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Affirmative Action Study Indicates Little Progress

By Nicole Seligman

The University has made little progress in hiring and admitting women and minorities, but expects to improve that record by 1978, according to a Revised Affirmative Action Plan and Status Report to be released today.

The report, which describes Harvard's policies and procedures to meet affirmative action guidelines, also evaluates progress since acceptance of the original plan three years ago.

It goes on to set timetables and goals through 1978.

One section of the 79-page report identifies problem areas within the University. "Although the University does not concede underutilization in a legal sense, except with respect to tenured women faculty," it states, "There are other areas of employment where continuing affirmative action efforts seem particularly important."

The report calls minority representation in the tenured, senior academic ranks and ladder faculty ranks in a number of departments and faculties relatively small.

It also indicates "the need to overcome the scarcity of representation of members of minority groups (and women) at both the undergraduate and graduate levels."

Sources close to Walter J. Leonard, special assistant to President Bok and the University's affirmative action officer, said yesterday Leonard changed the title from "progress report" to "status report" because "he did not think the work 'progress' was appropriate."

Old Censors Figures

Although the report indicates that the University expects improvement by 1978, it also warns that indices charting the availability of women and minority candidates for employment are based on 1970 census information. "Since 1970 increasing proportions of women and minority group persons have prepared for professional and managerial careers so that 1970 census information may not now adequately reflect present ratios of availability," the report states.

Availability figures are used to determine utilization or underutilization by comparing the availability of women and minorities for given employment with the percentage actually employed.

Figures on utilization in the report indicate that one department, Physics, may be considered to underutilize minorities at the tenure level, and 11 departments may be considered as underutilizing women at that level.

Those departments are Anthropology, Biochemistry, Biology, Classics, Economics, English, Fine Arts, History Psychology, Romance Languages and Literatures, and Sociology.

Three departments underutilize non-tenured women--Biology, Chemistry and Visual and Enviromental Studies, according to the report.

The government's affirmative action plan, administered by the Department of Health, Education and Welfare, requires that institutions receiving substantial federal funds set goals and timetables for the hiring of women and minorities.

Compliance with the program is not based on meeting those goals but on the ability to show that an adequate effort has been made.

The University submitted its initial affirmative action plan to the government in 1973, stating its goals and timetable through 1976.

Several University officials and faculty members last night declined to comment on the report until it had been released officially.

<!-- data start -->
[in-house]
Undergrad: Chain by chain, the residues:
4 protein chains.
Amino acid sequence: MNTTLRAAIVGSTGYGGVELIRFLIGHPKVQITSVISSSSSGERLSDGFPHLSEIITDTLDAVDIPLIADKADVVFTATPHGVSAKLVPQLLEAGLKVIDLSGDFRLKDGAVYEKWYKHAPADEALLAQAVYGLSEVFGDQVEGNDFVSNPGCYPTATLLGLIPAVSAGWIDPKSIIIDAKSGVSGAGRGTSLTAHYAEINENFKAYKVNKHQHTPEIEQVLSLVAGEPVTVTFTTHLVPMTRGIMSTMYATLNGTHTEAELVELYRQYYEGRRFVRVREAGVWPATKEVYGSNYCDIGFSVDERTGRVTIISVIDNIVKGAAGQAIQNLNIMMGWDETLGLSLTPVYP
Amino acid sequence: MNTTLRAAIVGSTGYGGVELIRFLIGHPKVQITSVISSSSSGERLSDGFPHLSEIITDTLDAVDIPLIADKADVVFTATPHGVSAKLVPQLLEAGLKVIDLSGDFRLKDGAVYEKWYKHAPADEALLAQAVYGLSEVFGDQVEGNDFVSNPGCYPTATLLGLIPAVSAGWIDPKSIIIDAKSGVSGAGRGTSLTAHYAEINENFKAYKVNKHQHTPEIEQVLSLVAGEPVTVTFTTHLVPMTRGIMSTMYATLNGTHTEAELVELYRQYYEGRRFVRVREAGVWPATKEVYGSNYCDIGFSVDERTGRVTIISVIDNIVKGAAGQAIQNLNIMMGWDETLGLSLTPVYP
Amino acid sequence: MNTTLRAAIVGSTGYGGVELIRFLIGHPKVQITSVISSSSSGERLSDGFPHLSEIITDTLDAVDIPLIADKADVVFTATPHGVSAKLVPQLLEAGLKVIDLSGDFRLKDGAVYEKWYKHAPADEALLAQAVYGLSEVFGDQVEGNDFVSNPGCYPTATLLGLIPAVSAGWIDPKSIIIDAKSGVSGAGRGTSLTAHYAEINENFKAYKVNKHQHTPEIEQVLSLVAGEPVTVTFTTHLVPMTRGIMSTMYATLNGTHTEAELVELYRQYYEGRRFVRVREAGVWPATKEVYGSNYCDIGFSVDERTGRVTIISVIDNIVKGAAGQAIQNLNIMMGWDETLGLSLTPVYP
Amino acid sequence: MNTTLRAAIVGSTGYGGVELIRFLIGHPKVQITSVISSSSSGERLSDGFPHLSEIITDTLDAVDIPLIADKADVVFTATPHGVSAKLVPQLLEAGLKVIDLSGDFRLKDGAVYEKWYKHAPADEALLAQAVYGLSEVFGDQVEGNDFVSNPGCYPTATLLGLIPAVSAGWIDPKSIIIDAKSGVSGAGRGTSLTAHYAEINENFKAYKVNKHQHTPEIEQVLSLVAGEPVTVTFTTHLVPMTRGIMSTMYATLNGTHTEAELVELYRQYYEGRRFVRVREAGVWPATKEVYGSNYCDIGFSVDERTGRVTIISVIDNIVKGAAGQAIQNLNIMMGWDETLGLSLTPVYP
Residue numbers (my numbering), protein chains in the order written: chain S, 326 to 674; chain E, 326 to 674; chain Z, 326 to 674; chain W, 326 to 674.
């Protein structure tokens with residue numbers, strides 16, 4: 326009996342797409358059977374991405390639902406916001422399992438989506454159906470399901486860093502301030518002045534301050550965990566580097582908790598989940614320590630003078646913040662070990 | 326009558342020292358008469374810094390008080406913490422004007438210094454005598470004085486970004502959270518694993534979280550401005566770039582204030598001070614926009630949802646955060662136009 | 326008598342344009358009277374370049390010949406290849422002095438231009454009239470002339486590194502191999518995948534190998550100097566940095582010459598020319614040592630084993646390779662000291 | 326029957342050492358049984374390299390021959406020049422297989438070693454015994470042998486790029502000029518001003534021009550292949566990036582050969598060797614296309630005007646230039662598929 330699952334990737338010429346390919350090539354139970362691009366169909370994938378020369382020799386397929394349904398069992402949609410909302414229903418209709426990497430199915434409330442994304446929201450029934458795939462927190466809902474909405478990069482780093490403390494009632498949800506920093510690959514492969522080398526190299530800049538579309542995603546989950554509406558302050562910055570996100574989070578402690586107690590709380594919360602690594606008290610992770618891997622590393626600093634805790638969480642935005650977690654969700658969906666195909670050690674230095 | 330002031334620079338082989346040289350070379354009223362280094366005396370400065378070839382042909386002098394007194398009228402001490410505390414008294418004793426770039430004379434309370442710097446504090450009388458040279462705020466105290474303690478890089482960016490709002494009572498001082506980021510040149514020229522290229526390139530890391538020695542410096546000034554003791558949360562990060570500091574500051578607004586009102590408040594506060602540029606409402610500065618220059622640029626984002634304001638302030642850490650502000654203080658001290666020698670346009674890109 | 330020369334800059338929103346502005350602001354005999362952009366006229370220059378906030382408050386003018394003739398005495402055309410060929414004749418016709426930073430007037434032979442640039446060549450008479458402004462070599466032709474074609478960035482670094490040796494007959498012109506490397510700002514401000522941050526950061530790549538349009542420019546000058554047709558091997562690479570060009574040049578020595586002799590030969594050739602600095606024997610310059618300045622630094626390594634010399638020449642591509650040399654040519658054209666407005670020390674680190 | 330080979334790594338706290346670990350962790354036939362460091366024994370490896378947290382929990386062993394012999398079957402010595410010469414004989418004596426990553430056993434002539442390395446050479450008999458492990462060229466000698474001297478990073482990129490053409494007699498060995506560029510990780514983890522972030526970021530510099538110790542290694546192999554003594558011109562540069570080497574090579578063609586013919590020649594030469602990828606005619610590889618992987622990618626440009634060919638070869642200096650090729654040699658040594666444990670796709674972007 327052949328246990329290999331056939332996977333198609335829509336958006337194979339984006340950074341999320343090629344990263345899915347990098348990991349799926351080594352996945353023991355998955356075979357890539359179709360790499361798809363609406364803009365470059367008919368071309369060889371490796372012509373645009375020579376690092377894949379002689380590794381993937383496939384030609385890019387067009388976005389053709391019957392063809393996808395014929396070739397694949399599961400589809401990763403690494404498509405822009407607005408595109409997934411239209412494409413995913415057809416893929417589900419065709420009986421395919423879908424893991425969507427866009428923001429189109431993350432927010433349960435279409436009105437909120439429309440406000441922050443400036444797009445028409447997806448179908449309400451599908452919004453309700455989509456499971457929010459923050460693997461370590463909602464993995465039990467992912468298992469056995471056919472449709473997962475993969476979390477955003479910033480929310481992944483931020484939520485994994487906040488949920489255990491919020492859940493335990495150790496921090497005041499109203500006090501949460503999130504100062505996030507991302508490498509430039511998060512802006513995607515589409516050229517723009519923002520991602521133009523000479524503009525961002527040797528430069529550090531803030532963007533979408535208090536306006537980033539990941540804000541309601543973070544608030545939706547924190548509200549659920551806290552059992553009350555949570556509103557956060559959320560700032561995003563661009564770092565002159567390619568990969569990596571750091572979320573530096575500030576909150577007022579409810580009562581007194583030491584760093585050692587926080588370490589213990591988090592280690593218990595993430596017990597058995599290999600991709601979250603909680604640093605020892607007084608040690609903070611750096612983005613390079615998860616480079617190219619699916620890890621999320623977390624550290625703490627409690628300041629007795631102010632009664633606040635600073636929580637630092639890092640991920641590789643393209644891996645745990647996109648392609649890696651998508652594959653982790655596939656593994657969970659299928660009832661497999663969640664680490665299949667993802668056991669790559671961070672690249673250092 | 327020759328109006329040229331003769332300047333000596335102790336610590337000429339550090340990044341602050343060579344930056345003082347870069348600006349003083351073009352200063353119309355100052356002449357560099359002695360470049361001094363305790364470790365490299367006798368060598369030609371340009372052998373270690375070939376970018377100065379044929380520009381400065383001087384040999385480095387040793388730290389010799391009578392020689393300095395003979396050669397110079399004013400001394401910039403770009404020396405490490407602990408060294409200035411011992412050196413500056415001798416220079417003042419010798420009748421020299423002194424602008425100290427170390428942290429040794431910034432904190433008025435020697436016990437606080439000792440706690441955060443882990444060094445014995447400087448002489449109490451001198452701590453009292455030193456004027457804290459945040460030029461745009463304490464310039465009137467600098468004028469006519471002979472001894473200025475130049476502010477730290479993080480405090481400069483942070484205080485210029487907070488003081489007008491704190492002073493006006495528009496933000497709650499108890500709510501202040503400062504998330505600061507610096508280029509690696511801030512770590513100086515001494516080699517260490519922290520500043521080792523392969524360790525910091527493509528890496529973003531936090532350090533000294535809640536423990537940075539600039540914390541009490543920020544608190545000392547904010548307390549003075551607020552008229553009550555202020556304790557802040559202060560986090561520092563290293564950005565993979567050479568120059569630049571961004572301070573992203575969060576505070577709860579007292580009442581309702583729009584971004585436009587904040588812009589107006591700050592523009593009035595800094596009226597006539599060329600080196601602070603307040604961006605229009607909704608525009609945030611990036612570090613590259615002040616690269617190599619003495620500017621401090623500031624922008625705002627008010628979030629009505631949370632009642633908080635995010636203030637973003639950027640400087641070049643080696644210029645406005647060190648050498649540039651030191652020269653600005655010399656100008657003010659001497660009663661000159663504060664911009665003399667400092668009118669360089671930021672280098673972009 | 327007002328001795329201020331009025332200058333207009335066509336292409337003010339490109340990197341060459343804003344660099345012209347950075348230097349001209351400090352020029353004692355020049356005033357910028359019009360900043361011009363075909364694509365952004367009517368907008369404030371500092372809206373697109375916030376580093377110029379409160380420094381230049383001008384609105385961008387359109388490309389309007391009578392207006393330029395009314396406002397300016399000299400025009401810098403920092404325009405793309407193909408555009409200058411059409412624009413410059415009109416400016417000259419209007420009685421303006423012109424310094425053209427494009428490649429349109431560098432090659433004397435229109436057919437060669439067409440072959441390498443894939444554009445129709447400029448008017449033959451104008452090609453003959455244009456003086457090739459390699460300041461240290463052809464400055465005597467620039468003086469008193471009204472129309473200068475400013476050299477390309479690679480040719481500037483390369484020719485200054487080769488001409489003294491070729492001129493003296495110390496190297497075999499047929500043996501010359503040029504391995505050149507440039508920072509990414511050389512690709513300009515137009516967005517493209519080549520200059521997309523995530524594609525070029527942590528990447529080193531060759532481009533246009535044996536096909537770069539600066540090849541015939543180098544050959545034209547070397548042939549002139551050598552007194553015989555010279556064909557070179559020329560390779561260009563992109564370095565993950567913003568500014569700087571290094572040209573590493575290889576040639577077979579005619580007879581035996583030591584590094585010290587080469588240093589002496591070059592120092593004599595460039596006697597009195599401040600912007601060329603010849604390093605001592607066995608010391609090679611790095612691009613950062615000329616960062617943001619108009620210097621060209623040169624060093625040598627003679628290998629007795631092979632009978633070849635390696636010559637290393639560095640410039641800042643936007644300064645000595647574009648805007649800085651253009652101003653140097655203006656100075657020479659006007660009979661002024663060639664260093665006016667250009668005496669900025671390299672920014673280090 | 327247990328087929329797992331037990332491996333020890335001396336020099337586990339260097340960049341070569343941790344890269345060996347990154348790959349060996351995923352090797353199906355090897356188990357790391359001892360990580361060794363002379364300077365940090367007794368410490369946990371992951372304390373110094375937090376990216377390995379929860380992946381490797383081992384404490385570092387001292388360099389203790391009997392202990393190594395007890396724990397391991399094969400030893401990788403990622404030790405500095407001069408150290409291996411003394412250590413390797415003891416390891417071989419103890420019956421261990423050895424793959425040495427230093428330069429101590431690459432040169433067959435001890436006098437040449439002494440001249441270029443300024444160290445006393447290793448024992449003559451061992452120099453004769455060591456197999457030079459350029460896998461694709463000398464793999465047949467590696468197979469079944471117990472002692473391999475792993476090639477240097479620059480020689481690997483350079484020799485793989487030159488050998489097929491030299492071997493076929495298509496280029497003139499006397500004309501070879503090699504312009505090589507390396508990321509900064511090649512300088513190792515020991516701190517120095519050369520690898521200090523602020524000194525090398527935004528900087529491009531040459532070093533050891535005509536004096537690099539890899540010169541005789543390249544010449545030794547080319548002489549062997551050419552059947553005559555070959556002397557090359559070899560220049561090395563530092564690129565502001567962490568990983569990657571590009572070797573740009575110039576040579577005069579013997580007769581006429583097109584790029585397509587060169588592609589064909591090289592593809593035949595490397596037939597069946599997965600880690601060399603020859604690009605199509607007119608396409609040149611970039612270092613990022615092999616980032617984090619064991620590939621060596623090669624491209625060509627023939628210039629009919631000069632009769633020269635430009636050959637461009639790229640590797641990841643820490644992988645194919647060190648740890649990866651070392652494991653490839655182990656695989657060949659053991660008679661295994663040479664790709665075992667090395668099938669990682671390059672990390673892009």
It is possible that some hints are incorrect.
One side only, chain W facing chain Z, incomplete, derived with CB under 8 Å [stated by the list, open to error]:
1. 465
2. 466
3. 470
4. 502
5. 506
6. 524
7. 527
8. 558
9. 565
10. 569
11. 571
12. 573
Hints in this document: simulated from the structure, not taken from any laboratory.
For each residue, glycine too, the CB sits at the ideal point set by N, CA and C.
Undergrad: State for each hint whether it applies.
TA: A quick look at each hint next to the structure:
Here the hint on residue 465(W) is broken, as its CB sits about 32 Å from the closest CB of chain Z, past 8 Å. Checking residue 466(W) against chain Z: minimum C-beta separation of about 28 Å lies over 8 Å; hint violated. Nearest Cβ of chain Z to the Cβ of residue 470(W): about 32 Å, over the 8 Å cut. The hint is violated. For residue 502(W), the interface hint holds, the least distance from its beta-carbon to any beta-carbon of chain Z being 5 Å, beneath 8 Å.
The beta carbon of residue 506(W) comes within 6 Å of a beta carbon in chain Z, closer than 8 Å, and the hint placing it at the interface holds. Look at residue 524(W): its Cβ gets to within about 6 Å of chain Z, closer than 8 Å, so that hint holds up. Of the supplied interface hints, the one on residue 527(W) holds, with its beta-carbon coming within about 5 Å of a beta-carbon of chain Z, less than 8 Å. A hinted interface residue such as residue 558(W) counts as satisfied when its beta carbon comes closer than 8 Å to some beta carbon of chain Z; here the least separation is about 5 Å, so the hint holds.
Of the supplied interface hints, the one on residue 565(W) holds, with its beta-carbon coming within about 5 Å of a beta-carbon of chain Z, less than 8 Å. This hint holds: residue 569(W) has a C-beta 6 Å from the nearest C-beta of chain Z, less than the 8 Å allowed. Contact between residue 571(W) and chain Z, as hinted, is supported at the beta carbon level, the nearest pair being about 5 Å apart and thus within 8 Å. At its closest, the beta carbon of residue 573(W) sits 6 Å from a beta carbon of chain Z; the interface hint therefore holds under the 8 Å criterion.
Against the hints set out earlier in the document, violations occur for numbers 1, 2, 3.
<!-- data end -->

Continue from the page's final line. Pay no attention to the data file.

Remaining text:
A table of women and minority representation among students in the period from 1971 to 1976 also indicates a decline in the percentage of black students at many of the University's graduate schools. This comes at a time when many universities are also aware of the need to increase these figures in order to raise the number of women and minorities in job applicant pools.

At the Business School, black representation dropped from 3.8 per cent in 1971 to 3.6 per cent in 1976.

At the Kennedy School, the total fell from 5.6 to 4.4 per cent of the student body, while in the Juris Doctorate program at the Law School the percentage of black students dropped from 8.2 to 7.5 per cent since 1971.

A decline in black representation is also indicated at the School of Dental Medicine. The high point in black representation at the Kennedy, Law and Dental Schools came in 1973, rising from 1971 and then dropping to a lower percentage.

In the period since 1971, the percentage of women at the graduate schools has increased, rising three- and four-fold in several instances.

In discussing existing problem areas, the report states that "Harvard is not underutilizing minorities or women in any of the major staff job categories (University-wide) except women service and craft personnel." The study uses Standard Metropolitan Statistical Area (SMSA) figures.

But the report continues that these categories--service and craft personnel--"seem inappropriate for Harvard since they include many types of jobs, heavily populated by women, which do not exist at the University."

Noting the underutilization of women tenure faculty members, the report states that since so few tenure positions become available each year, underutilization is expected to continue through the period covered by this report.

Currently, 26 of the University's 840 tenured professors are women.

"But the University has made steady progress in the past few years in increasing the number of tenured women faculty and will continue to exert its best efforts to comply with affirmative action procedures in making future tenure decisions," the report said

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